The Sunday Poem

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The Independent Culture
Every week Ruth Padel discusses a contemporary poet through an example of their work. No 10: Jackie Kay

A black Scottish poet living in Manchester, Kay has won prizes for books of adult poems, childrens' poems, and a novel. In her direct, compassionate poems Kay explores social issues, getting at the political through the personal in subtle, fresh, funny ways. (Her latest collection Off Colour, shortlisted for the T S Eliot Prize, tackles identity, injustice and racism through images of investigative dentistry.) A big motif is alienation: being adopted, being a woman in a male-run society, being black in a mainly white society. In one children's poem, a pale hamster is brought home from nursery school for the weekend, and scampers up the chimney. The child shamefacedly brings back to school on Monday morning a "po-faced" but undisputedly blackened hamster. Kay goes at alienation through irrepressible warmth, direct dialogue (she also writes radio drama), and the expectation, despite the world's cruelty, of a smile somewhere. She has published three collections, plus two for children.

In my country

walking by the waters

down where an honest river

shakes hands with the sea,

a woman passed round me

in a slow watchful circle

as if I were a superstition;

or the worst dregs of her imagination

so when she finally spoke

her words spliced into bars

of an old wheel. A segment of air.

Where do you come from?

"Here", I said, "Here. These parts." I chose this poem from Kay's second collection for the way it plays against the folksong dream it evokes, and makes a political point through the most basic device: punctuation. It begins with no capitals, suggesting a ballad-like world: "the waters" of alienated Babylon, negro spirituals, protest rock. Folk songs beginning "down by" conjure up lonely places where you weep for injustice. But "honest" in the next line questions this resonance. An "honest" river, "shaking hands" with sea? This is no archa izing song: this is a real landscape, seen freshly and amused: where courteous, frank meetings happen. But though river and sea get on fine, humanity is full of estrangement. Racism grows from superstition, imagination's "worst dregs". The other "woman" allies herself with superstition; the poet is allied with the countryside by pairings of sound: "Water/ river", "sea/me". The poem uses structure, too, to evoke folksong but challenge the conserved world it stands for. It comes on at you like a two-stanza folky poem, held together by inner rhymes or vowel-harmonies (sea/me, bars/air/ parts, superstition/ imagination/from), and by symmetry. The stanza break comes symmetrically between "-ition" and "-ation". But unlike the river, these dangerous words "superstition" and "imagination" are abstract; and "abstract" words (from Latin ab-trahere, "drag away") point to something d ragged from, remote from, the real world. These abstracts on the edges of the break remind you of the gulf between the woman and the person she's looking at, or the gulf between prejudiced imagination and "honest" reality. The last line brings in real-life punctuation. No more lower-case balladry: the poet is laying claim to a few capitals here. Earlier, the woman passed round "me" as if "I" (the poem's first capital letter, but in an "as if" clause) "were a superstition". Now "I" is subject of a firm main verb. And the woman's words as "segments of air", "bars" of an "old wheel"? The wheel of tradition, I'd say, which includes race-suspicion - old superstitions carried on through country "airs" and "bars" in the musical sense (song is important to Kay - she has written a book on Bessie Smith and Trumpet, a novel about a jazz musician), which lead to "bars" that are barriers where there is no "shaking hands". Like the colour bar. The italicised question, which still has no proper direct speech-marks - Where do you come from? - is like the line of an old song, suggesting some unspoken answer (say, faeryland, or Hell, or Africa). But the last line shifts us into modern gear. In its understated way, the poem is about the claims of change. Songs have changed, Scot land has changed. It is "my country" too. Claiming the right to "these parts" - to punctuation, identity, capitals, an "honest river" not archaic "waters" of Babylon where exiles once wept - the poet is reminding you that poetry has moved forward, can pl ay with folk form and move out of it, into new shape. c Ruth Padel 1999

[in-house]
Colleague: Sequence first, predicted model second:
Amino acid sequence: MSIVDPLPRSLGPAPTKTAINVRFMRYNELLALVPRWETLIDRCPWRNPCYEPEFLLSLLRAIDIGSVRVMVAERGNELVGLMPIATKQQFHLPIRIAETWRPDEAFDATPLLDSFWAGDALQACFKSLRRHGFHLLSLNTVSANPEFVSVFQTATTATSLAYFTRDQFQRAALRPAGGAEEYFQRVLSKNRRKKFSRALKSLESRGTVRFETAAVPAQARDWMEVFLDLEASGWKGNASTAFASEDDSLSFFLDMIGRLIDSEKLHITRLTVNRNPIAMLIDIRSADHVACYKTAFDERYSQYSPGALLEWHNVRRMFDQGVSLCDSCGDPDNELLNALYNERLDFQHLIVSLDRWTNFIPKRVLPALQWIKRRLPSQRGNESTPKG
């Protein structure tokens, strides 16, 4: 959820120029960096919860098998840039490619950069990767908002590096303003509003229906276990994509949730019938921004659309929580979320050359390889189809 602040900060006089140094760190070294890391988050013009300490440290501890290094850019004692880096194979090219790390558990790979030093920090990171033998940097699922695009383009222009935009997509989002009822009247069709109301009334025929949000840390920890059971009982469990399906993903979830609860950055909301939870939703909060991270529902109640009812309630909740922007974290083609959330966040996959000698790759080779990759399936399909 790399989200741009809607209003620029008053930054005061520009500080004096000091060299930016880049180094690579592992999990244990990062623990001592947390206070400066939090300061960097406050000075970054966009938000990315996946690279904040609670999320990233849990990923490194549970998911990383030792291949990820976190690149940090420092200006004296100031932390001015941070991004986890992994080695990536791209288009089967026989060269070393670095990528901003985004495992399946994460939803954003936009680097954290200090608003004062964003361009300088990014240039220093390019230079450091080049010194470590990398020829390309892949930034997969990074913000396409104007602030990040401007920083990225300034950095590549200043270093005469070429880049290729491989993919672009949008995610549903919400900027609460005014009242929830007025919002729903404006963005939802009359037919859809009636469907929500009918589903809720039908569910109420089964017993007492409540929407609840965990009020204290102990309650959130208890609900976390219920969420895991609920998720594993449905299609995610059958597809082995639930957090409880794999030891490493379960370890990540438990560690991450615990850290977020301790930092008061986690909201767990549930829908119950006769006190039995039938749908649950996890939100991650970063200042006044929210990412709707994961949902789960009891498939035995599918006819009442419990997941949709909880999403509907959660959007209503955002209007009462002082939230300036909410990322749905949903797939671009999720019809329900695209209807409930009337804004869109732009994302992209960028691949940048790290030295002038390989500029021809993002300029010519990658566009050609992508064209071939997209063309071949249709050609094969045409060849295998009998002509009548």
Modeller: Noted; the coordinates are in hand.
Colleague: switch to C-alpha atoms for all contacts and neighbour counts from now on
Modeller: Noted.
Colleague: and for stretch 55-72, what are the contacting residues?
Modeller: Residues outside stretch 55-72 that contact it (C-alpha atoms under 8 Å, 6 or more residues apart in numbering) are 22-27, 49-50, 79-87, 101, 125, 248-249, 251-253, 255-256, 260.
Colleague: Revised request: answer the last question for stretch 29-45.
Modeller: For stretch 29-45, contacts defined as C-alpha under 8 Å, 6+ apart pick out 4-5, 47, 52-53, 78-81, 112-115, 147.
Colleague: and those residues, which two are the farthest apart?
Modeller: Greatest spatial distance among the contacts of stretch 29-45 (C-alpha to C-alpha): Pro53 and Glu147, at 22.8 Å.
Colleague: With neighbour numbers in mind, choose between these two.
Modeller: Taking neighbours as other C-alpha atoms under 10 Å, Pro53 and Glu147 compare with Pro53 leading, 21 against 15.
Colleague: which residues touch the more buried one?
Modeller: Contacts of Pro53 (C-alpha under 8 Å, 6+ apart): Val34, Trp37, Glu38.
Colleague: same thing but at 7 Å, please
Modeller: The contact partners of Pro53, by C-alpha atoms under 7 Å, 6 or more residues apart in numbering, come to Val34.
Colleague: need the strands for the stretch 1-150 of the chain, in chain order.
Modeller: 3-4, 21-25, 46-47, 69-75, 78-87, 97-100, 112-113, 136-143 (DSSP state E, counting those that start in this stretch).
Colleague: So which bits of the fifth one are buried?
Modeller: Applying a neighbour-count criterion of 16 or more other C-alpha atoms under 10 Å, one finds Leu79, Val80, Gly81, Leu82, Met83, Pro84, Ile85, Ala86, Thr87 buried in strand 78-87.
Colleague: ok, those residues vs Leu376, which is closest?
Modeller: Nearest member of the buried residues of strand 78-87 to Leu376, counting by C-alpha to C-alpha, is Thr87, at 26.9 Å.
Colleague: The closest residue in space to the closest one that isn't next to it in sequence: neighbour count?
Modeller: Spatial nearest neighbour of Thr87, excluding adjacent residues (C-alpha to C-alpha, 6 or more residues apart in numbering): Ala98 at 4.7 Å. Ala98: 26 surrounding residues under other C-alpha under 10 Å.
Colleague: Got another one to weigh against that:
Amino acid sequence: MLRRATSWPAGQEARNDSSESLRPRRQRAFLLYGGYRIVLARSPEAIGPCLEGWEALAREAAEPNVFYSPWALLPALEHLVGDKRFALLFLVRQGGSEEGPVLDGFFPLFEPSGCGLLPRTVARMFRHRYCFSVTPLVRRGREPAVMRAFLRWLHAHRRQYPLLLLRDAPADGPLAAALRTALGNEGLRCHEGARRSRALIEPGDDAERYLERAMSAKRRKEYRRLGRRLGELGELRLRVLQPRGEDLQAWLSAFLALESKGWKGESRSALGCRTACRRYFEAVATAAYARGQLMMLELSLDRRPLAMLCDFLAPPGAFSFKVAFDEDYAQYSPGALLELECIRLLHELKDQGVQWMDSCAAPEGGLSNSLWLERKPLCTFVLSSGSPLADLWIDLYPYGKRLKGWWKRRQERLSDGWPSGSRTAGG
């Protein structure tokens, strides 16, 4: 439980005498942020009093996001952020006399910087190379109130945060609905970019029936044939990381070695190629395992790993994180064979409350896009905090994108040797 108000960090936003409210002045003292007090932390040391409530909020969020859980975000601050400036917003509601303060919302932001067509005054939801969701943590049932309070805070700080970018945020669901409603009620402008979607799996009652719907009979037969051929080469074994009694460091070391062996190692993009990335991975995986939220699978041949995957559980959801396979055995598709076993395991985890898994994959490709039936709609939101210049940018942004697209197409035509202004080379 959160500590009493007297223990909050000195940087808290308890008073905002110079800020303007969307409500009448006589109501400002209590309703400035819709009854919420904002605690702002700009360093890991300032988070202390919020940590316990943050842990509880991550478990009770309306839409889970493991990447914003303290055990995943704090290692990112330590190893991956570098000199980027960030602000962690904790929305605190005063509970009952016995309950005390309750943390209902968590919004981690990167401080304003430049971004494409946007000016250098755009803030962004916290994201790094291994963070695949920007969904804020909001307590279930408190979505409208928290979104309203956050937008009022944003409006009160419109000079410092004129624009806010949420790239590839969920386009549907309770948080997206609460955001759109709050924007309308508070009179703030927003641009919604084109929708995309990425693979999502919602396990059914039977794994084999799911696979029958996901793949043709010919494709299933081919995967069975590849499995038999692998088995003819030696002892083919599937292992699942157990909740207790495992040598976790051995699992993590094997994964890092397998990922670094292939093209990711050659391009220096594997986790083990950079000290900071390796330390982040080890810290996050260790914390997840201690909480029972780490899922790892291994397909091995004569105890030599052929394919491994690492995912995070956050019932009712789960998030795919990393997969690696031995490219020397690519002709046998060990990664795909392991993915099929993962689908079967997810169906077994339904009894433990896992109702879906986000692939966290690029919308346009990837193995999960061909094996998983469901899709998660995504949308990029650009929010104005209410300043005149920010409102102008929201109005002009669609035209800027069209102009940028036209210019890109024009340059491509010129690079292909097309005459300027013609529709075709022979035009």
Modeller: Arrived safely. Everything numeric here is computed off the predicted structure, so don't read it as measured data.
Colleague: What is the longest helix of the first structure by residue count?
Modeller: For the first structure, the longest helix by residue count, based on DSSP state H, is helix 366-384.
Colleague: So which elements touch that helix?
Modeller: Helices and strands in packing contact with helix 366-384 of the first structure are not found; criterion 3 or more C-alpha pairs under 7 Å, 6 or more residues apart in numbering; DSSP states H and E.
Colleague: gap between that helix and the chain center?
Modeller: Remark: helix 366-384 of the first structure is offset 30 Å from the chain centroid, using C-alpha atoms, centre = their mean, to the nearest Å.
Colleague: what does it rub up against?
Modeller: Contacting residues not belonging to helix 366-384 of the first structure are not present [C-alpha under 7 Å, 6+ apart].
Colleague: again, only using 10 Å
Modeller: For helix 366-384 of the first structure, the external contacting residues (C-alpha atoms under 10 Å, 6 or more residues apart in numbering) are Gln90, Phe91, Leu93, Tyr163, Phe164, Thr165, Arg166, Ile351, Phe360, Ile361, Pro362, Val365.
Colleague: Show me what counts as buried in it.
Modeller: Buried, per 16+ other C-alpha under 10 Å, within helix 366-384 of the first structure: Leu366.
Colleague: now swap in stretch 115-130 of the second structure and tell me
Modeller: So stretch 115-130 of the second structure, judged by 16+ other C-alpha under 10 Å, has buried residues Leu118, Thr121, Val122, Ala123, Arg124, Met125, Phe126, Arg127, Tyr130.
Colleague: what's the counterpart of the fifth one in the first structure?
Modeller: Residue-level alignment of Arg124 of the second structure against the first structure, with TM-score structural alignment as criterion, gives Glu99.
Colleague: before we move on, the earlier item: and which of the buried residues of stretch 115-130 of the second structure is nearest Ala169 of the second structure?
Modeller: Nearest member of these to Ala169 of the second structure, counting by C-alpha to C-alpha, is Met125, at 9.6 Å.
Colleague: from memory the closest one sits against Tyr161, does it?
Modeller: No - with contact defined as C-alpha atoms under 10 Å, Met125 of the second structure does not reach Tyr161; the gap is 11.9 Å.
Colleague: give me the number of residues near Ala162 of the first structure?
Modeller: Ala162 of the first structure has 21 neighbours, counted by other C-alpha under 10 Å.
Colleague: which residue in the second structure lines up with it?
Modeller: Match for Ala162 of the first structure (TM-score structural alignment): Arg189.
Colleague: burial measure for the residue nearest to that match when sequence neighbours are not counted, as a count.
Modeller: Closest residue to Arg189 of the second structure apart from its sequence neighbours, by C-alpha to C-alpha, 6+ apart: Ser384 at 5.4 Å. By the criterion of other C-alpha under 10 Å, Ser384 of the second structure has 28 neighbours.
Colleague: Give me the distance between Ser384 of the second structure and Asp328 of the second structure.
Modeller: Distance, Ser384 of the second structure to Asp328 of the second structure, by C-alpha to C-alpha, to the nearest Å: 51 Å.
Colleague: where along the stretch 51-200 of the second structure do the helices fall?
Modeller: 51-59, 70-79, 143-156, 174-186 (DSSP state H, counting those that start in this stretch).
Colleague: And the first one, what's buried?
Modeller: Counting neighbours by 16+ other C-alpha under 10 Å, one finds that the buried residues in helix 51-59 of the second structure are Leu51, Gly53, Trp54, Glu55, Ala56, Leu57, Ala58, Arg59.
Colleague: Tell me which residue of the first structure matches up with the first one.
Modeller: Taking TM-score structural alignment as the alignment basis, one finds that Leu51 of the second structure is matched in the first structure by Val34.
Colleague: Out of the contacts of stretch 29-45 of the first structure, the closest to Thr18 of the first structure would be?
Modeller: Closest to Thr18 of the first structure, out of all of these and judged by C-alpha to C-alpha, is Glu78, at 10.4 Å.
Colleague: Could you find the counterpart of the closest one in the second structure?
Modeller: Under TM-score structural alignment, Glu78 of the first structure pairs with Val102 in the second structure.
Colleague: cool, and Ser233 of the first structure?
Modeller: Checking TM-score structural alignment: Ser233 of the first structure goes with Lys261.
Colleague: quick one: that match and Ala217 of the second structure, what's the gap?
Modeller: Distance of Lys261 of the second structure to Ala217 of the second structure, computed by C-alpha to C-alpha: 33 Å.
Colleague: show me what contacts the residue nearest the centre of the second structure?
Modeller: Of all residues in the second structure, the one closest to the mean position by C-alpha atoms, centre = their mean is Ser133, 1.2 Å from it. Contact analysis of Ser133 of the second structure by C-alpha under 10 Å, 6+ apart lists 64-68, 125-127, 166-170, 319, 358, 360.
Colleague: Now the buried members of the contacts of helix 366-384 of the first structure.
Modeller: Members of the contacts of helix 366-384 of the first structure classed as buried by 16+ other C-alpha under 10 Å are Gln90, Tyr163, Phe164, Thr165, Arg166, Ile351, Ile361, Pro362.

`In My Country' appears in Other Lovers, Bloodaxe.